Even though it was a struggle for Savithri to find work as a film actress, she eventually found herself in the limelight. One can look at her rise to fame in the film industry in four separate phases; 1) Initial Setback, 2) Second Setback, 3) Big Break, and 4) Meteoric Rise.
Savithri was only 12 years old when she first came to Chennai (then Madras) in 1948, looking for her big break. All of her family members accompanied her on the trip. Everyday, Savithri’s uncle took her around the studios in search of work. They talked to producers, directors, writers, and others in the film industry.
A couple of photographs of Savithri that were used while trying to land roles in films.
After a couple of months, one thing became obvious to Chowdhury, Savithri’s uncle. It was too early for Savithri to get into the movies. Most people they met almost unanimously agreed that she was too young to play major roles in the films. This was hard to swallow, but it was the reality of the situation. This left them with no choice. Savithri and rest of her family packed their bags and left for Vijayawada. Once at home she found herself enough work to keep busy doing what she knows best, performing on stage.
About a year went by. In 1949, Savithri received a message from a Chennai film production company inviting her to act in their movie, “Agni Pareeksha,” in a small role. The family was back in Chennai ready to shoot “Agni Pareeksha”. But after a day’s shooting, the director decided to drop Savithri. The reason was again the same. She was too young for the role of the vamp she was to play. Disappointed, the family was once again back in Vijayawada.
In 1950, Savithri and her family were back again in Chennai. This time they went at the invitation a friend of the Gogineni family, of Donepoodi Krishna Murthy, who was in Chennai planning to produce a film. Murthy introduced Savithri to producer Ranganath Das who was ready to bankroll “Samsaram” under the direction of Akkineni Lakshmi Vara Prasad, also known as L.V. Prasad. The movie was to star Lakshmi Rajyam, Nageswara Rao, and Rama Rao. Prasad was looking to fill the spot for the role of the heroine.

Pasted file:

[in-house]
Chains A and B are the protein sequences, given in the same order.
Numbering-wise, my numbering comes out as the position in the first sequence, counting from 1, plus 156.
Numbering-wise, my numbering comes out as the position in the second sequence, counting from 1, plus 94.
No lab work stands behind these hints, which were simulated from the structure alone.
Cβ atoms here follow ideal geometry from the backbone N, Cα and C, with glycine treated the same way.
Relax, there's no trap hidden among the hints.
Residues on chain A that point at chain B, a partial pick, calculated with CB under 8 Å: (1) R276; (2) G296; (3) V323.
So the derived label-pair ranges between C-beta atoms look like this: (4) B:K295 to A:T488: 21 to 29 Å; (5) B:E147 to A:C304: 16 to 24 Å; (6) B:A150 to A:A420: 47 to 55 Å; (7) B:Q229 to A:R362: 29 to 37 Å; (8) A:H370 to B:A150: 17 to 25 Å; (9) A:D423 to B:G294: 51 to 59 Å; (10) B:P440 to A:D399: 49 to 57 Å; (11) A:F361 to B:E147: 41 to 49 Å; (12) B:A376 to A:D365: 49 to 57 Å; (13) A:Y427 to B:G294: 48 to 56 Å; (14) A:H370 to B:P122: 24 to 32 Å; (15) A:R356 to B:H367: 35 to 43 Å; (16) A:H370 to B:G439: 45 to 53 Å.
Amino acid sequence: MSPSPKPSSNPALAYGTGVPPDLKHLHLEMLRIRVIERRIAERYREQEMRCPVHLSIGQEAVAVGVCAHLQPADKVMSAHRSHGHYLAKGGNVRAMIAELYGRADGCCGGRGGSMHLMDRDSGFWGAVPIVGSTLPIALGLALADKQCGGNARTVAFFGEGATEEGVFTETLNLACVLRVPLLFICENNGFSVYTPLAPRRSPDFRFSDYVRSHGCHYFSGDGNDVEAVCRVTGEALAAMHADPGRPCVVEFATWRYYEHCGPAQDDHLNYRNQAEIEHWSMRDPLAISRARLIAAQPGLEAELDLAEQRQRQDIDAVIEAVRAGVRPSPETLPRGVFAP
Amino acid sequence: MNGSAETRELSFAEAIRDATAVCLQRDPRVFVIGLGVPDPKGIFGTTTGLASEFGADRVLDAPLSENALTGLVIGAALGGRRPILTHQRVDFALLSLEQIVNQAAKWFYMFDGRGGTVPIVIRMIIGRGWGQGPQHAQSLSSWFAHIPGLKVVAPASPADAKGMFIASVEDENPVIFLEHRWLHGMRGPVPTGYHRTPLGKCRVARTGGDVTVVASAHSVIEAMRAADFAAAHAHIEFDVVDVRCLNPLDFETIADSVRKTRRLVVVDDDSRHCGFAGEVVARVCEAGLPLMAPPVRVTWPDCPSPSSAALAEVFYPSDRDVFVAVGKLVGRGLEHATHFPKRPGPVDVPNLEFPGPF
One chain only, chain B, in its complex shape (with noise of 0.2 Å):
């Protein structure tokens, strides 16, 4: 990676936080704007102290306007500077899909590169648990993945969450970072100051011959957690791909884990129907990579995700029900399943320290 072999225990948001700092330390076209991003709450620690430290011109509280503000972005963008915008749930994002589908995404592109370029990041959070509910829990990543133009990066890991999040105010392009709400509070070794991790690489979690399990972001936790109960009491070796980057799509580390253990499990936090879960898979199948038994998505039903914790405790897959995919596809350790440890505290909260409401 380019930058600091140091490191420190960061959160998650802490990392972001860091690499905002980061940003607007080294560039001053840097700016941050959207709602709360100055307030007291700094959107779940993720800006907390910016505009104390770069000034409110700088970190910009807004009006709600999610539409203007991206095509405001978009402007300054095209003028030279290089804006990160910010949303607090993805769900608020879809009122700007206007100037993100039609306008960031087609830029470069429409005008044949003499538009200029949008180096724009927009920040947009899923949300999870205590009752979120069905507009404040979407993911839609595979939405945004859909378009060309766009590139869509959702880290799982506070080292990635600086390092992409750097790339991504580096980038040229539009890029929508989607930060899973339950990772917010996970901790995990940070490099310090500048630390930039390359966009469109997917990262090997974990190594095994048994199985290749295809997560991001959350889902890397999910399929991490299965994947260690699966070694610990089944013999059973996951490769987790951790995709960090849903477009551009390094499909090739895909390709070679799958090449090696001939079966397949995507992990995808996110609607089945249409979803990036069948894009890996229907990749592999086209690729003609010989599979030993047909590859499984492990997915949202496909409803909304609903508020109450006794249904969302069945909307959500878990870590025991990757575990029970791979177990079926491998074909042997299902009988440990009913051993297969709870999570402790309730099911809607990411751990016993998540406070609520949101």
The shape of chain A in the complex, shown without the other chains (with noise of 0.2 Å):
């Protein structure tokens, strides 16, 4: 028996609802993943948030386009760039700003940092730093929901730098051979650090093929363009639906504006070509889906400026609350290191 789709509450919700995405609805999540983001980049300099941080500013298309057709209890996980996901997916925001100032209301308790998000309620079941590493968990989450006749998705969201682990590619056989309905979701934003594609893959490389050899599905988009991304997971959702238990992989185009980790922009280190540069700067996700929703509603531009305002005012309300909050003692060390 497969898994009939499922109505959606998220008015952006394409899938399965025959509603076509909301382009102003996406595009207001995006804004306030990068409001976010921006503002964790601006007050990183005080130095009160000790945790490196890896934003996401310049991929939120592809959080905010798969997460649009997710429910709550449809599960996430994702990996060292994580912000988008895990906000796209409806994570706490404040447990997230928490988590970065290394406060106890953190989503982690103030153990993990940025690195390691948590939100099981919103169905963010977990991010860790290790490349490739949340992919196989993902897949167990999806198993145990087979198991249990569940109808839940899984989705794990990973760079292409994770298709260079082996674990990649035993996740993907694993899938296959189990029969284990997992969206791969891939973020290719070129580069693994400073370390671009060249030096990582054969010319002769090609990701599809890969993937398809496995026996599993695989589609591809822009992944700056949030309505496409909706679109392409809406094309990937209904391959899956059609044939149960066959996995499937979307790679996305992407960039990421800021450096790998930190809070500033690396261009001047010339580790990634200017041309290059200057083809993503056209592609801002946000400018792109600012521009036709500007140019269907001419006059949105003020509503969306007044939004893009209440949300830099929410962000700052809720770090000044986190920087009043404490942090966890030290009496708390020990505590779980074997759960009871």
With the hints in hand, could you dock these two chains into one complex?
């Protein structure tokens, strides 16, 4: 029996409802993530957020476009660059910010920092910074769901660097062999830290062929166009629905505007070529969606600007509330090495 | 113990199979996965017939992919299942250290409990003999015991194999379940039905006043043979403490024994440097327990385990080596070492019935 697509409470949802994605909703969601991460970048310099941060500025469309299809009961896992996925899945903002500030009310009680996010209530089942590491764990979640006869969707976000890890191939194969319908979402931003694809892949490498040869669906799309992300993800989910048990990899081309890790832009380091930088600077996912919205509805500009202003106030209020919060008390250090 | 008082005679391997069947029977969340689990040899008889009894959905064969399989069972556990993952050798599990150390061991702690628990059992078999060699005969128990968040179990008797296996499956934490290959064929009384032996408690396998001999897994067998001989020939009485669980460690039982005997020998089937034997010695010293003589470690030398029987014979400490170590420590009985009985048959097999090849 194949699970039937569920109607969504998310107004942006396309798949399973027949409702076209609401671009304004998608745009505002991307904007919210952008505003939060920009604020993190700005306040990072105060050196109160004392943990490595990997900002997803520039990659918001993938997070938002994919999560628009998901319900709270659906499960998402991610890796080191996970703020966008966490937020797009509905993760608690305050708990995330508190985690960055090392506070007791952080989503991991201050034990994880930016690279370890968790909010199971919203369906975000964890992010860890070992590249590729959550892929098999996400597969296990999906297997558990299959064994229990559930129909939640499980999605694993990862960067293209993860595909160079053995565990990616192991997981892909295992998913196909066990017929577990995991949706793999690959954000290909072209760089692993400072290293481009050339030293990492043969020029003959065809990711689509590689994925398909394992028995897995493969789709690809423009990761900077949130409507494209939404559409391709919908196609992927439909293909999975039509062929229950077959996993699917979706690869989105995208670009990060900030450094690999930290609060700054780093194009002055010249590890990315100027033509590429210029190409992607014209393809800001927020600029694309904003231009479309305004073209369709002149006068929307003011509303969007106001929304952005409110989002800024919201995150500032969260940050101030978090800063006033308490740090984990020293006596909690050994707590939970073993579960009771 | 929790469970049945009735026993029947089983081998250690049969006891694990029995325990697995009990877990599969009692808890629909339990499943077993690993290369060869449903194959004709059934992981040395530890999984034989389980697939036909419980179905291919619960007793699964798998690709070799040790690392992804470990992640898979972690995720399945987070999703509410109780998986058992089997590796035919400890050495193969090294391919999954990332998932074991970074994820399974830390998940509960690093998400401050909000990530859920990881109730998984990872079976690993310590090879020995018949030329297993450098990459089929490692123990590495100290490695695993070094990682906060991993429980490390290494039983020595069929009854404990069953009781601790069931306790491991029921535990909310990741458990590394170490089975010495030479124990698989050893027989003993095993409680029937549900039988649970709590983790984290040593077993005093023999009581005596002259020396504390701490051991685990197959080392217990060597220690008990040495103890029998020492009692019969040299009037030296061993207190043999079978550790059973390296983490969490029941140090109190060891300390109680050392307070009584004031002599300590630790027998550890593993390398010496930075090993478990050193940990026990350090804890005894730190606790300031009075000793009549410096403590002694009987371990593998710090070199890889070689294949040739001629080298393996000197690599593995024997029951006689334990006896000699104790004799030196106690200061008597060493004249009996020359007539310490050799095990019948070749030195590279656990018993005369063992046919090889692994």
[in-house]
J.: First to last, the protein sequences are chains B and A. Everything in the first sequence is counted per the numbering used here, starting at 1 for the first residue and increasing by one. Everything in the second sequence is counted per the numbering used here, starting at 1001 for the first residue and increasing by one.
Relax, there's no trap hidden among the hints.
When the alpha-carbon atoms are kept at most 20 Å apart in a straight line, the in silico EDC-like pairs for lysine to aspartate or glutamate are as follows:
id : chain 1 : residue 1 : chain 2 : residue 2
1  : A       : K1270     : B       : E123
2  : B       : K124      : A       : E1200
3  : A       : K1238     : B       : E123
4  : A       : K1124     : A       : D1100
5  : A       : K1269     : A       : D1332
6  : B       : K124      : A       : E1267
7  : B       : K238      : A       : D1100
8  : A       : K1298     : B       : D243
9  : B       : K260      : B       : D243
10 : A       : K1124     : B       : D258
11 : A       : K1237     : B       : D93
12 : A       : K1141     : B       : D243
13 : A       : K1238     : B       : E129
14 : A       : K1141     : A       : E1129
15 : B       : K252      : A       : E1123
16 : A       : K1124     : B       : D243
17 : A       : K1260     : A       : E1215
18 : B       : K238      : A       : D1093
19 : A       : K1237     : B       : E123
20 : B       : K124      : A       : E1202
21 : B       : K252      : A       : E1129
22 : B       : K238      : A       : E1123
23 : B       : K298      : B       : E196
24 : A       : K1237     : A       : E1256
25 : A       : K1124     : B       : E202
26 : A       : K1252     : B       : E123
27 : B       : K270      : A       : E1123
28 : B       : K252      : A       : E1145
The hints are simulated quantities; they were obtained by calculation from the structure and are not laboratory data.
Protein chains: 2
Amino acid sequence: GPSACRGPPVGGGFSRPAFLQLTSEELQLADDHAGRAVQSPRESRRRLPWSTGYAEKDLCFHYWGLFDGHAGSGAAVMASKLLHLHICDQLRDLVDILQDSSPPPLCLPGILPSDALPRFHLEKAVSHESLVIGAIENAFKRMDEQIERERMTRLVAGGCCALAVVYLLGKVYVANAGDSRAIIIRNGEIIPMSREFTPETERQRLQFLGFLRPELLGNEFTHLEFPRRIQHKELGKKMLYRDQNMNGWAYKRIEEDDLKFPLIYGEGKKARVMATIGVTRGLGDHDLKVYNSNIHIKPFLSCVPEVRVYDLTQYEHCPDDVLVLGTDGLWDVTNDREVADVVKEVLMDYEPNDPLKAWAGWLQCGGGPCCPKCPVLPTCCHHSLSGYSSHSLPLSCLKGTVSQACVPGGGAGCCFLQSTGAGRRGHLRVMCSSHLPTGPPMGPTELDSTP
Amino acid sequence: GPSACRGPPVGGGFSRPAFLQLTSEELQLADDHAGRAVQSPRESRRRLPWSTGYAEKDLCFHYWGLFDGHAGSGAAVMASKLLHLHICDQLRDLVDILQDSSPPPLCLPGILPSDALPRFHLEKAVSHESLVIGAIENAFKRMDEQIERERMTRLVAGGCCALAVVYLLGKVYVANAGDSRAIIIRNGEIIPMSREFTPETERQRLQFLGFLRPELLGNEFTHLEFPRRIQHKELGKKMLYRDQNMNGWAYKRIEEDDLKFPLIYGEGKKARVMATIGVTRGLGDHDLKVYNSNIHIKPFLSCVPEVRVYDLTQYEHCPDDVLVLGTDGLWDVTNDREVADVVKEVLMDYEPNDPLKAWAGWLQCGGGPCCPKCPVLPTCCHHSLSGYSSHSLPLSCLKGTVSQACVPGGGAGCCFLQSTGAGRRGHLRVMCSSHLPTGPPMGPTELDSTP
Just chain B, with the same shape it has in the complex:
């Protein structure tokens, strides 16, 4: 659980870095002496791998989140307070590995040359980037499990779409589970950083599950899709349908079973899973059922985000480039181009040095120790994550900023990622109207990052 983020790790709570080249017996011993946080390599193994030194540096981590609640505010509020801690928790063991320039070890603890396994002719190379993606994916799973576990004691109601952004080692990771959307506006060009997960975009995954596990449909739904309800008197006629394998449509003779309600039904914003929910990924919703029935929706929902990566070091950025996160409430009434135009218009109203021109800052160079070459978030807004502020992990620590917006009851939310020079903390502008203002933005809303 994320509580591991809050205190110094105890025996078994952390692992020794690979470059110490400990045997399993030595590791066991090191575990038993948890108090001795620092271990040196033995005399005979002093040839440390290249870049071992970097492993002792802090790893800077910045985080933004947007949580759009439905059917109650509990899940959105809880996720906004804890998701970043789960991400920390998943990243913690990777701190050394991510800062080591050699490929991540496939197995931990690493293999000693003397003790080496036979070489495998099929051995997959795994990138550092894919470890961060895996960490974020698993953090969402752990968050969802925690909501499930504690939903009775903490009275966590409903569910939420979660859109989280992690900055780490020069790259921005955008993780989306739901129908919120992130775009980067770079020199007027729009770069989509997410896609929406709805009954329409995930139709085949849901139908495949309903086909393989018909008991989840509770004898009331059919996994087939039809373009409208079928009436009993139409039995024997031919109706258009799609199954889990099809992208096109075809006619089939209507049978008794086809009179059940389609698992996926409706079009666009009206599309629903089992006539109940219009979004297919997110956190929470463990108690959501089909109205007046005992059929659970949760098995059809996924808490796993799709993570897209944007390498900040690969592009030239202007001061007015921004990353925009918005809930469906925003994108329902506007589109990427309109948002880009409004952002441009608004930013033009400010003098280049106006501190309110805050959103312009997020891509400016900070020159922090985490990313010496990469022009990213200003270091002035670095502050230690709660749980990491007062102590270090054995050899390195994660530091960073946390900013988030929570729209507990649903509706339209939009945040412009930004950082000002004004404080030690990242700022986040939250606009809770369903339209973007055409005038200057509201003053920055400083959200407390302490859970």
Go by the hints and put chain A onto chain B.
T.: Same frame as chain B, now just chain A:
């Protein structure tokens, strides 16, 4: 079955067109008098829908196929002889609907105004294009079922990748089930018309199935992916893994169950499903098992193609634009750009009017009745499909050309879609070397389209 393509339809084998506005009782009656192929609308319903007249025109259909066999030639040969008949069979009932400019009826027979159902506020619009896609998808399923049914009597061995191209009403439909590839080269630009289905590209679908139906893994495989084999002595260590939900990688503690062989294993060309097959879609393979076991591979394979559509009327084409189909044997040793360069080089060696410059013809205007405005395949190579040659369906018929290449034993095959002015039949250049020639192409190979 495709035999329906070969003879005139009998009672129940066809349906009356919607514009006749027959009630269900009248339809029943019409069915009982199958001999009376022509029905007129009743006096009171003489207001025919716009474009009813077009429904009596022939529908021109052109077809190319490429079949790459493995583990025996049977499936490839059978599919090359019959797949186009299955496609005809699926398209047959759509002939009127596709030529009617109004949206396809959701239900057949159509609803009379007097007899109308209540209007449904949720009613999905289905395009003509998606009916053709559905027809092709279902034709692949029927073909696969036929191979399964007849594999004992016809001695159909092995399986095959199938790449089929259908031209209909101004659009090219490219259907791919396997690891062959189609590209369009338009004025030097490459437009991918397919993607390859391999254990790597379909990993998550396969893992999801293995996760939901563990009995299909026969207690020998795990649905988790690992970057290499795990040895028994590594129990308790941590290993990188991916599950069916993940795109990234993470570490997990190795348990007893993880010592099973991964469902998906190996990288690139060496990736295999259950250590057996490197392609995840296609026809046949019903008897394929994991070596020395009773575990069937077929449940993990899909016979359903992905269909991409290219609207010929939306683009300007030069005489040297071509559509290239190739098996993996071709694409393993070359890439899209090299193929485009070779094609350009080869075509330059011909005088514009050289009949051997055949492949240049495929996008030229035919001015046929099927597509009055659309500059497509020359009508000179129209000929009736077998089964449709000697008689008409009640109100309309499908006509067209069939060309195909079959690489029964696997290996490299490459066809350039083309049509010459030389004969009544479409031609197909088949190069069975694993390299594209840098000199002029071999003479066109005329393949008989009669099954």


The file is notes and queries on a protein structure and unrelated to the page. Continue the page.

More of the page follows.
Based on Murthy’s recommendation, Savithri was selected to play the heroine opposite Nageswara Rao. Rao was already an established and accomplished actor with several hit movies under his belt. A nervous Savithri went through the motions of her first day’s schedule. The director was not happy with the results. He wanted to see how the next shoot with her would go. It was scheduled with the hero of the film, Nageswara Rao. Savithri was a nervous wreck. The movie was shot for another couple of weeks but not much progress was made. There were several retakes involving Savithri and she couldn’t overcome her fear and nervousness in front of the camera. Finally the producer Das and the director Prasad concluded that Savithri should be replaced. Replaced they did. But they let her be in one scene in a song as a friend of the heroine. This bit role was a stepping stone for one of the greatest performers, Savithri, who would become a legend in her own lifetime.